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How to Pick the Right Comp Titles (for Science-Fiction and Fantasy)

For many of us, comp titles are one of the hardest parts of pitching. You’re trying to find titles that:

  1. Match aesthetically with your MS
  2. Match thematically with your MS
  3. Are popular enough that the agent has heard of them 
  4. Aren’t so popular that you look like you don’t know what you’re doing 

And that’s hard. So I’m going to break this down into two parts: 

  • The Great List of Swamps, wherein I go through all the things you shouldn’t do with comp titles. 
  • The Little List of Lights, where I talk about the rationale behind making good comp choices. 

But before we begin, the most important thing to remember: 

Rule #0: any rule mentioned in this article may be broken, but breaking it must be motivated. If you’re going to break a rule, ask why, and if there isn’t a better choice that doesn’t break it. I want you to imagine yourself defending your position to me, and see whether you still feel okay with your pick at the end. 

Rule #0 Corollary: you have 2 comp titles. You may freely break the rules on one of them, but may god help you if you break them on both. 

The Great List of Swamps

This list is in descending order, from the gravest sins to the most minor. The closer to the top something is, the more you need to check in with Rule #0. Numbers 1 and 2 are the gravest sins, only to be broken in times of emergency; everything else is to be used with discretion. 

#1: Popular Nerd Franchises 

This is easily the most common sin; pitch parties and submission inboxes are lousy with these. If you pick something super popular that everybody knows, then you’re not actually giving much information about your title, because everybody else is picking it, and picking it for different reasons. “This is about teenage wizards” = Harry Potter, “this is set in a magic school” = Harry Potter, “this has an allegory for fascism” = Harry Potter, “the author initially seems progressive but is actually a massive TERF dipshit” = Harry Potter etc etc.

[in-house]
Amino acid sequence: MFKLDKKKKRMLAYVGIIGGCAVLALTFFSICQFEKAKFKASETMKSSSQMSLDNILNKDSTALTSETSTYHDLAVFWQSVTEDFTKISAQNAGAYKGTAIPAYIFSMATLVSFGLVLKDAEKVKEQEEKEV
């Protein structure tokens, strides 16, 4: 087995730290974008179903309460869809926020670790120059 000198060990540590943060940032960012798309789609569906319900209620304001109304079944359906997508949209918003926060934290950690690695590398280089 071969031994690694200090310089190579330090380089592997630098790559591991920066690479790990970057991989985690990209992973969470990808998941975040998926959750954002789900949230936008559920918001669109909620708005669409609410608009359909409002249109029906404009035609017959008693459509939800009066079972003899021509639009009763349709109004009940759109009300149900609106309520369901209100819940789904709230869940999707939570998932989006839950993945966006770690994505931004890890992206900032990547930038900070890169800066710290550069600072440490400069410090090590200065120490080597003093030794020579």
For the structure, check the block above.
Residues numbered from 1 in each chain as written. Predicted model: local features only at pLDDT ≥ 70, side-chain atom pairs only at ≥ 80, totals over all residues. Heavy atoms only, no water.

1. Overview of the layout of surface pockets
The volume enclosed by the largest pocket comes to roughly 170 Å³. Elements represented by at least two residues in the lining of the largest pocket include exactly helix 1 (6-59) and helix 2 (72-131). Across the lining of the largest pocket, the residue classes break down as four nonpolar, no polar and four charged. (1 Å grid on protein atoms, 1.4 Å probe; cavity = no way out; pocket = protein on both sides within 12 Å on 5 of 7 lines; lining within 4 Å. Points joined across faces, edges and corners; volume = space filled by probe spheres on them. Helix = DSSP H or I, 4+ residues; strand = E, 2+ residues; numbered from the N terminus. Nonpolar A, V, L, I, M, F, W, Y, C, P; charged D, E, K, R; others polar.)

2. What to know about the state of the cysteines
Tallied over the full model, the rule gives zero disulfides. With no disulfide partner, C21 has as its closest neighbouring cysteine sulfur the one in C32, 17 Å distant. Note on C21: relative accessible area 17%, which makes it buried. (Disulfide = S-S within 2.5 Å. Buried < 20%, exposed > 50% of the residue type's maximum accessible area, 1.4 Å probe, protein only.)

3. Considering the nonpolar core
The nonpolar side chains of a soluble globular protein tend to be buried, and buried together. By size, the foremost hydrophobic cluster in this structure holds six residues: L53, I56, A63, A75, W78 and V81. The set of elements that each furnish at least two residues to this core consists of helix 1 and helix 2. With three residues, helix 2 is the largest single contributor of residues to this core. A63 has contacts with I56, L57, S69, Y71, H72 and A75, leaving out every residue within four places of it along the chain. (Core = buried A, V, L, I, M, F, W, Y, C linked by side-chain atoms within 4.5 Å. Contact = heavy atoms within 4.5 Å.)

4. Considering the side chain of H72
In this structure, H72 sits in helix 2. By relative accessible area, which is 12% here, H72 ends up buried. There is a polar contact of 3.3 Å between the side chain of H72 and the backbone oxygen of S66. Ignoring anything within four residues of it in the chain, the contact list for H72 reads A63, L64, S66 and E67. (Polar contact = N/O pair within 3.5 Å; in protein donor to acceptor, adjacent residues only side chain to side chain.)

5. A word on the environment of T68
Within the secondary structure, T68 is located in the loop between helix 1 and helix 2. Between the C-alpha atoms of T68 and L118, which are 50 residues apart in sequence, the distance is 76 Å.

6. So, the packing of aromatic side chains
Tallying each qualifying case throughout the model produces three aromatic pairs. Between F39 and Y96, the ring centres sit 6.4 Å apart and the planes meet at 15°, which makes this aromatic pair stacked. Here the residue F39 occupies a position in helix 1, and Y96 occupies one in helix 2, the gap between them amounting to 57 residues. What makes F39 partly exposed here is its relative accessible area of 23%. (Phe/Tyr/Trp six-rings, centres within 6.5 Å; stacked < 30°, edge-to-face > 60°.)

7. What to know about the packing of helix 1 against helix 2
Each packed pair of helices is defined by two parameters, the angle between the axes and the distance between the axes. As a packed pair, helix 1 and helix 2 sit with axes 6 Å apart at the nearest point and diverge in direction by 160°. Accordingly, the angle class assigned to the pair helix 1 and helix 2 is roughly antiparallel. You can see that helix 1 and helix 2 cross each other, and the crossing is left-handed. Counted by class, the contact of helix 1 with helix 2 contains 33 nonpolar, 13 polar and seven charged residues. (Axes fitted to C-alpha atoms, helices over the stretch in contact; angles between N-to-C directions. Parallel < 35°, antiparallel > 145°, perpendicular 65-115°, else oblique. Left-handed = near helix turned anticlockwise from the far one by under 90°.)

What counts as a popular nerd franchise? Well if you have to ask “is x a popular nerd franchise” then the answer is probably yes, but here’s an incomplete list of the worst offenders: 

  • Harry Potter
  • Game of Thrones
  • The Lord of the Rings
  • Doctor Who 
  • Marvel/DC
  • Sherlock
  • Supernatural
  • Anything with “Joss Whedon” within 100 feet of it 

There are exceptions to this: if you’re hugely into the X-Men and think some specific arc or writer’s take on a character really does reflect something thematically and aesthetically about your title, then it’s worth a shot pitching that at certain agents—Connor Goldsmith, for example, is a huge X-Men fan and will probably know what you’re talking about. ORIGIN: THE TRUE STORY OF WOLVERINE = acceptable rule break here, but just X-MEN is too big and too broad, and is pretty much meaningless. 

#2: Video Games, Movies, and TV

I love video games. Love ‘em too much, probably. The number of Steam games I have with four-digit playtimes is quite frankly embarrassing. I expect somebody is going to call me a snob and say I hate these mediums because I’m some awful book dude, but it’s not that at all. 

I don’t expect anybody to read books. It’s 2020, I’ve seen the stats. Many of the smartest people I know barely read novels any more, and that’s fine. BUT, if you want to write books, you’re expected to read them. And if your comp titles aren’t books, then it looks like you don’t read enough. You’re less likely to recognise literary cliche or know how to produce good prose, and you’re just generally less likely to understand the medium you’re working in. It’s like rocking up to a ska band and saying “Hand me that trombone, my dude in checkered Chucks; I can paint the fuck outta fruit.” The issue isn’t that you’re a bad artist or an invalid artist, it’s that you’re in the wrong fucking room.